Saturday, 8 October 2016

How to Prepare a Manuscript for Submission

I'd never thought I'd get to this point of actually having any sort of resemblance of a manuscript that could possibly be worthy of submission but I think I might have just made it. My latest venture isn't the first novel that I've written  but this is the first one that has potential.

But despite after writing it there's still so much left to be done for it to be ready. Compared to sending off short stories it seems a much more daunting prospect. To be honest I have so much fun writing my short stories that even if no one else likes them I'm not to be fussed
but obviously it's great when they are selected from the slush pile.

However my longer pieces are like my babies, the end product is so much more than words it represents many sleepless nights of working away and fretting, pouring my heart and soul into each of the characters to bring them to life, and the constant fear that it's been a huge waste of time.

This time however I determined to achieve this manuscript's full potential but just how do you go about preparing your manuscript for submission to publishing houses and potential agents?

Well so far I think I've narrowed it down to four broad areas which you will need to consider...

Presentation

This is so incredibly important and a lesson I definitely learnt the hard way when I first started submitting short stories.

If your manuscript is presented in a professional manner you will be taken seriously so make sure your manuscript looks great because you don't want your work to stand out for the wrong reasons.

First things first, if you want your work to be taken seriously only use the following fonts; Courier New or Times New Roman. Seriously never deviate from these choices. The size should always be 12 and always double space.

Out there somewhere is this super awesome guy who has very kindly developed two word templates that are possibly used by millions of writers all over the world. His name is William Shunn and by using his template your formatting and presentation will adhere to most publishing companies and agents presentation requirements.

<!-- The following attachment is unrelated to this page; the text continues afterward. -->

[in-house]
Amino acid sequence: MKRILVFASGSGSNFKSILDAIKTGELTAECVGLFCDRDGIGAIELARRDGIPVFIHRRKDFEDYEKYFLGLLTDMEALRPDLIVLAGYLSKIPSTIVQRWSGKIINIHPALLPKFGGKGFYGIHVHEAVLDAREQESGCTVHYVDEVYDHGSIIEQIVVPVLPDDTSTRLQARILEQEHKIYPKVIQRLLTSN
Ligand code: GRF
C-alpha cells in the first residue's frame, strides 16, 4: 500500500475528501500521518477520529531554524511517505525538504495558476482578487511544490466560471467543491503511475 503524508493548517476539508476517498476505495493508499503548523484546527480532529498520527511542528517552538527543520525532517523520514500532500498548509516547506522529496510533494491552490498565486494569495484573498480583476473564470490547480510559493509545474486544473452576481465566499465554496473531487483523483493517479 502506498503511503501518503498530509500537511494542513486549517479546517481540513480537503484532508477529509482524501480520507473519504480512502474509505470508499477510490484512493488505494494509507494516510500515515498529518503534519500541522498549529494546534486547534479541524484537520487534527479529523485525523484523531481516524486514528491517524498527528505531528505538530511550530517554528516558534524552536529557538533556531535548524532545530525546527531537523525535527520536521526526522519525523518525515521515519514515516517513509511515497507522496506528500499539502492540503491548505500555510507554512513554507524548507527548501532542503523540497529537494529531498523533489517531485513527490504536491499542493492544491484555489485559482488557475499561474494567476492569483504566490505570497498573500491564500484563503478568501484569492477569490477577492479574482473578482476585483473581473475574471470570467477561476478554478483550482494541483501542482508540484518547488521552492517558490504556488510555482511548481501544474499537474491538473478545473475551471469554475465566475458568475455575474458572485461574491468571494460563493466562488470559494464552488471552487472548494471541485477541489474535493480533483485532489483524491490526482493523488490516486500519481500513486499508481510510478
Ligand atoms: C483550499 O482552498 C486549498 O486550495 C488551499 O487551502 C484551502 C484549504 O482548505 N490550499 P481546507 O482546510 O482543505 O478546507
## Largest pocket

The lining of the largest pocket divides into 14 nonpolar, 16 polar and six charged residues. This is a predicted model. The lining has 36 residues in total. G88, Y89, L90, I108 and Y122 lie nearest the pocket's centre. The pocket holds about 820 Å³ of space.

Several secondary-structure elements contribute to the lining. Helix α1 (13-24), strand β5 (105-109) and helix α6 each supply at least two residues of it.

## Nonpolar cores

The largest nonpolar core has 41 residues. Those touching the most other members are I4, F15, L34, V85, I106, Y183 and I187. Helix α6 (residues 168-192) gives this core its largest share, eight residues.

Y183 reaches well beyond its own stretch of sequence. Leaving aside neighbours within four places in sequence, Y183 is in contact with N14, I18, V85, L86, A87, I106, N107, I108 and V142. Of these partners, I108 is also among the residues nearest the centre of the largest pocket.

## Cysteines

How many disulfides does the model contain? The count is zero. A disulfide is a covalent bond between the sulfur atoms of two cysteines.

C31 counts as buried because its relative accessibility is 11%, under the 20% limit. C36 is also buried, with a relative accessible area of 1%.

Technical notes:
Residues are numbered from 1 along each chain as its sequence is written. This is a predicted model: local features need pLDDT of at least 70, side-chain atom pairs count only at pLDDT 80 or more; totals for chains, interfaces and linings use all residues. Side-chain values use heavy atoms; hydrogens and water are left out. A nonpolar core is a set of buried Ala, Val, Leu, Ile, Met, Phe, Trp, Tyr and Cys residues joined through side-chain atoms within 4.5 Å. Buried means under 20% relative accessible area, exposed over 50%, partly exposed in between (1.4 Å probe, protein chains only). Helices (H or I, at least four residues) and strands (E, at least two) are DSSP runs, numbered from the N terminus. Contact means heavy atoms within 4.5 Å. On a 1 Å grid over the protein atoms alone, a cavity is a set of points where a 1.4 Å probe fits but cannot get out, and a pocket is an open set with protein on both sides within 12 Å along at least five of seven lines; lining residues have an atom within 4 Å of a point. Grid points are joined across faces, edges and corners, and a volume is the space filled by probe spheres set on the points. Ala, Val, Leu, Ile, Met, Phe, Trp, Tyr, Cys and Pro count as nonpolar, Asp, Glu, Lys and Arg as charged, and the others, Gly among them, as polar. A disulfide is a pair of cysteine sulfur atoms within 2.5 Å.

His templates are free to download and are just so useful.

Here are the links, and I'd just like to say, Thanks so much William Shunn!

William Shunn's Proper Manuscript Format 

William Shunn's Short Story Format


The Actual Story

Is it the best it can be? Is everything that you wanted to say or express in there. If not don't fret just leave it a few months and read it over again.

Consider the pace of your story, is it even throughout? Some parts may feel rushed whilst others might be too slow.

Is there enough description to make your story come alive, or is there too much? No one likes excessive info dumps.  Are the characters fleshed out enough? Do they have their own unique personalities?

And lastly is your plot water tight? Is the impending doom or peril fully resolved? Are there still any loose ends? Keep an eye out for those major plot holes.

To help with this it's a great idea in asking someone to read over your manuscript as they will be able to pick up on continuity errors and plot holes that you may have over looked.


The Line Edits

This actually makes me want to stab myself in the eyes. I love writing stories but I'm terrible with Grammar and Punctuation, like so bad! I also can't spell and line edits for me are a form of torture.

But it has to be done as most editors and agents are pretty clued up about grammar and punctuation etc and any silly mistakes are literally going to scream at them from the page. They will read your work dismissing you as unprofessional rather than consider the content of your work.


Read Your Work Out Loud

This sounds like a strange step but I've heard this method recommended by loads of really famous authors and once I tried it I found it really does work. Ok it will require a bit of getting used to as it is weird sitting in a room by yourself reading your work out loud. However it does give you a feel for the rhythm of your story and any awkward clanky sentences will jump out at you which would have been missed if you were just reading it in your head.

So after these four areas are taken care of you're finally ready to submit and well done you.

You may think the hard work is finally over but unfortunately now comes the process of actually sending your work out if you're not going down the self publishing route.

The bad news is that all the major publishing houses will not accept unsolicited manuscripts meaning they only deal with agents. However some of them do have occasionally open submission periods so check their website continuously.

But getting an agent is just as hard as getting a book deal.

However their are quite a lot of indie publishers out there who will accept unsolicited manuscripts and if your a dark fantasy horror writer check out my page detailing some of the horror/dark fantasy publishers that do accept direct submissions

Good Luck!



About the Author

S.J.Budd is a writer of all things weird and creepy. Previously her tales have been featured on Deandman's Tome,  Sanitarium Magazine, Dark Gothic Resurrected, Liquid Imagination, Aphotic Realm, Aurora Wolf, Aphelion, Blood Moon Rising Magazine, The Wild Hunt, Danse Macabre, Shadows at the Door, Inner Sins, Bewildering Stories, Siren's Call and many more.
She lives at www.sjbudd.co.uk  and  @sjbuddj 
Spells and Persuasions, her debut collection of short stories of horror and dark fantasy is available now in paperback and kindle from Amazon







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